EU institutions

Victor Kümmritz, 05 March 2015

Global value chains (GVCs) clearly promote trade and investment but their impact on domestic value-added is less clear. This column discusses new evidence showing that GVCs participation stimulates domestic value, but not for all nations. It is necessary for low- and middle-income countries to increase their absorptive capacities if they are to reap benefits from GVC participation.

Kristian Behrens, Théophile Bougna, Mark Brown, 05 March 2015

Transportation costs fell precipitously during the last century leading many observers to posit that the world has ‘become flat’. If this were true, the costs of transporting goods should no longer have much bearing on firms’ location choices and the spatial structure of economic activity. This column, using manufacturing data for Canada from 1990 to 2008, argues that despite a decline in geographical concentration of industries, location patterns still change with fluctuations in transport costs.

Piotr Danisewicz, Dennis Reinhardt, Rhiannon Sowerbutts, 05 March 2015

In a global financial system, macroprudential policies may create international spillovers. This column presents new evidence on how the organisational structure of a bank affects the magnitude of these spillovers. An increase in capital requirements at home causes foreign branches to reduce their lending growth to other banks operating in the UK more than foreign subsidiaries do. Seemingly, this is because branches are an integral part of the parent company.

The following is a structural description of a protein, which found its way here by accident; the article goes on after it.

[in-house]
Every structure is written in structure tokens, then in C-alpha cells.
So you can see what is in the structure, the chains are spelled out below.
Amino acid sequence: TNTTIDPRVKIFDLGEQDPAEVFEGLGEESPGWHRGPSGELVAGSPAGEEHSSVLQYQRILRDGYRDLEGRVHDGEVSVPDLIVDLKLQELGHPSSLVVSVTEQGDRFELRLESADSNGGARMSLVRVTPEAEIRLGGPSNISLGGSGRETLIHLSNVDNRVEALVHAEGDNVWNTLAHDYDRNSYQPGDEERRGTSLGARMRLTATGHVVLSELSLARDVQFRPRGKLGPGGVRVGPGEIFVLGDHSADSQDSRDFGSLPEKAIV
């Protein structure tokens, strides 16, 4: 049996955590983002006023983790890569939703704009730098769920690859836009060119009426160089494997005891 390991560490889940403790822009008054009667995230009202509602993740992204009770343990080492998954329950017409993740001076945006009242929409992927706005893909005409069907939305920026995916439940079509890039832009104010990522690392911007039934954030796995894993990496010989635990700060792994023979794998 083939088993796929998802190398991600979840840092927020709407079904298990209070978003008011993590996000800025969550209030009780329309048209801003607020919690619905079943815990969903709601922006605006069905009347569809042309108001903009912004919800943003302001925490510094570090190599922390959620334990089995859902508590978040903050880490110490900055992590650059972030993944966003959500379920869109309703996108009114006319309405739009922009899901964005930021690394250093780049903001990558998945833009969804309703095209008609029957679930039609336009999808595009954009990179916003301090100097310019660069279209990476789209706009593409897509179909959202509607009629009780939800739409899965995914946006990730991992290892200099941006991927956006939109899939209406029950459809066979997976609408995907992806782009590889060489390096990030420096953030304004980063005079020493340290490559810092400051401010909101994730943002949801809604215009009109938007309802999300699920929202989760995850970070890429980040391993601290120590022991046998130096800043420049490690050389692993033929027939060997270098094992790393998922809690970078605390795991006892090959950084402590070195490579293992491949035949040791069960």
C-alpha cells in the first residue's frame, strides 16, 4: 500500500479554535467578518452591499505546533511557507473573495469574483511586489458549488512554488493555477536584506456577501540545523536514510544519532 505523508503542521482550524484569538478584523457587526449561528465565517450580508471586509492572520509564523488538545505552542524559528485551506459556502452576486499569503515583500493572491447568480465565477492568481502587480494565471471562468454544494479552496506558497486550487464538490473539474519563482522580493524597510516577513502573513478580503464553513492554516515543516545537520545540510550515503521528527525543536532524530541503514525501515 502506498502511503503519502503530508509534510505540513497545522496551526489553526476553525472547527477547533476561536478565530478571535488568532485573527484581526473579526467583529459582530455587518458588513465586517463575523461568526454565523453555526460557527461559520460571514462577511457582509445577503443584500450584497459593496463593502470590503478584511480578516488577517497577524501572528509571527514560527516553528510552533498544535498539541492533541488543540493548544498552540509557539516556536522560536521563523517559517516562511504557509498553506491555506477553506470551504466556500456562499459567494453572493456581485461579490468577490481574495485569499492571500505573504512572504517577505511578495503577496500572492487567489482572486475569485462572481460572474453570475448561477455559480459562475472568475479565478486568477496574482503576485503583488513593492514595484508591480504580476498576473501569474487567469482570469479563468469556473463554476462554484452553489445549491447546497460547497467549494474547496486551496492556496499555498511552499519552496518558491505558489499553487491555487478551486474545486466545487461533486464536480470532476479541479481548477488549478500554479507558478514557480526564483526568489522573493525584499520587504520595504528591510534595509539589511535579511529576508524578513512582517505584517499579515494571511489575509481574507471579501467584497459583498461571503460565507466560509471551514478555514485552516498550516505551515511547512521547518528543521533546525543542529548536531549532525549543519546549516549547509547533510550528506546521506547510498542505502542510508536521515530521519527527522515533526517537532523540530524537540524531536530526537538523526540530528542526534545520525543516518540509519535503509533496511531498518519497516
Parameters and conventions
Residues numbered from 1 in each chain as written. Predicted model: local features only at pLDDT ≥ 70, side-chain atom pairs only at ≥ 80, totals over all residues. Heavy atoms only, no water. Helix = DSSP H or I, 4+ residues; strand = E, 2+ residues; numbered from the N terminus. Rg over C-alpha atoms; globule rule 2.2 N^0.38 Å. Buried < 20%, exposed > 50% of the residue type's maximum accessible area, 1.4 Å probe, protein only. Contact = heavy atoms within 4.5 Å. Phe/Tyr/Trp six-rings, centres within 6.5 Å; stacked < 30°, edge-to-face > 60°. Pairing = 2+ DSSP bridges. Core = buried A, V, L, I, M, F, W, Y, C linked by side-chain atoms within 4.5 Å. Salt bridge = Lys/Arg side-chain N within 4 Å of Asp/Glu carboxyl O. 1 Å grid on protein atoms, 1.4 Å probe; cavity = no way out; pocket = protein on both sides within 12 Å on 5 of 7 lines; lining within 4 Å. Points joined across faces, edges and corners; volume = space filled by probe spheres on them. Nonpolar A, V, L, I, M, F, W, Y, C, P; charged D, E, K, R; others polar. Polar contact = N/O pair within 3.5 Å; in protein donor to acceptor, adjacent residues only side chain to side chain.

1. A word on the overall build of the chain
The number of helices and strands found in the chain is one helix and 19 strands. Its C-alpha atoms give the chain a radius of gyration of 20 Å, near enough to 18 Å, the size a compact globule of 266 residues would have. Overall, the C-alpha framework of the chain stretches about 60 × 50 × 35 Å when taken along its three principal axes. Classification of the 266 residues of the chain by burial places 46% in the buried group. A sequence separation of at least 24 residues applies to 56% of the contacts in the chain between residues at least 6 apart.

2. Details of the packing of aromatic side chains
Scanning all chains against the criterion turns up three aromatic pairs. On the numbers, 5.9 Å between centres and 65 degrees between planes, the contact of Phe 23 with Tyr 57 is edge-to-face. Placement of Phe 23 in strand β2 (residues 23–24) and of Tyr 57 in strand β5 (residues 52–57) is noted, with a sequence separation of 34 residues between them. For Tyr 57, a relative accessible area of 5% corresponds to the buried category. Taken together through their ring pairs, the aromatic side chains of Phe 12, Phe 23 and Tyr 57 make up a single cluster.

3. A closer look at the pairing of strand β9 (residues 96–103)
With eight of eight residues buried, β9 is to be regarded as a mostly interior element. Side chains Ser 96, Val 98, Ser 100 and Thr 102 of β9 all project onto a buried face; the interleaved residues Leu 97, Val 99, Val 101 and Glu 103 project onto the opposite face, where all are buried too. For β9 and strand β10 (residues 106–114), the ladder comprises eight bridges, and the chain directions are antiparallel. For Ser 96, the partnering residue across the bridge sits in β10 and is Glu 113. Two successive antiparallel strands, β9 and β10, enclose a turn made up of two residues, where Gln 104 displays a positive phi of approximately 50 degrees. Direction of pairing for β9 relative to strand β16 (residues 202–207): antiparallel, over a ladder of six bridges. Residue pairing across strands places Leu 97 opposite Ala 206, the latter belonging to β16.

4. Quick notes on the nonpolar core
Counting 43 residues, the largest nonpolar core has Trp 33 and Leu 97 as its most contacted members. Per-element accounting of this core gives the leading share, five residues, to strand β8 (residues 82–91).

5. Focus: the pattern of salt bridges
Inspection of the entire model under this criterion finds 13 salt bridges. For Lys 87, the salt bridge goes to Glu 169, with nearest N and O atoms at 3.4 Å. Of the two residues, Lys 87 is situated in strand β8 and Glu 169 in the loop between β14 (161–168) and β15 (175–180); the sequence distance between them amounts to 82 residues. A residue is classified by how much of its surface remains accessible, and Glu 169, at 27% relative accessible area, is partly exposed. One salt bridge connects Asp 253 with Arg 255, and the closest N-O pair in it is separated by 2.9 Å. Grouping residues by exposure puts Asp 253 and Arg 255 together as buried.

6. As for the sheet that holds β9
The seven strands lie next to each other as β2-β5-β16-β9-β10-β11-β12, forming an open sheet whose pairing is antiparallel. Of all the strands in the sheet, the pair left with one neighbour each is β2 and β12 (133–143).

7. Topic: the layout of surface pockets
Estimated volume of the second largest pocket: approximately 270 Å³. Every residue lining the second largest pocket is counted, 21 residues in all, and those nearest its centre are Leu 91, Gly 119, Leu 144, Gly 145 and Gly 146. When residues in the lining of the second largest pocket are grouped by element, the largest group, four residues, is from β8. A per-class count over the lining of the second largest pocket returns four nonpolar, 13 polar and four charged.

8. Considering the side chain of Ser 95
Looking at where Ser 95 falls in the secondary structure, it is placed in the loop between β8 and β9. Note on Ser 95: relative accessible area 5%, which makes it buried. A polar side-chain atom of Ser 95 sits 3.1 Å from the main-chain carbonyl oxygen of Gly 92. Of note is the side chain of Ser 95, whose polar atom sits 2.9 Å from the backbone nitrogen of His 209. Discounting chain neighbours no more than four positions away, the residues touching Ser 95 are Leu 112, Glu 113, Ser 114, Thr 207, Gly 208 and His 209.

Ian Fillmore, 04 March 2015

Colleges in the US charge high sticker prices but routinely offer discounts to individual students. This column presents research showing that colleges use a student’s federal aid form to learn about willingness-to-pay and to engage in substantial price discrimination in a way that amounts to a tax on income, with the primary effect of increasing tuition revenues. Nevertheless, the price discrimination also results in some redistribution to low-income students as well as a modest increase in student–college match quality.

Brian Bell, Anna Bindler, Stephen Machin, 04 March 2015

Recessions can lead to an increase in youth unemployment, which could later negatively affect labour market outcomes. This column explores the effect of recessions on criminal activity. The findings indicate a substantial effect on initiating and forming youth careers. There is initially strong and eventually long-lasting detrimental effect of entering the labour market during a recession for individuals at the threshold of criminal activity. These effects are economically substantial and potentially more disturbing than short-run effects.

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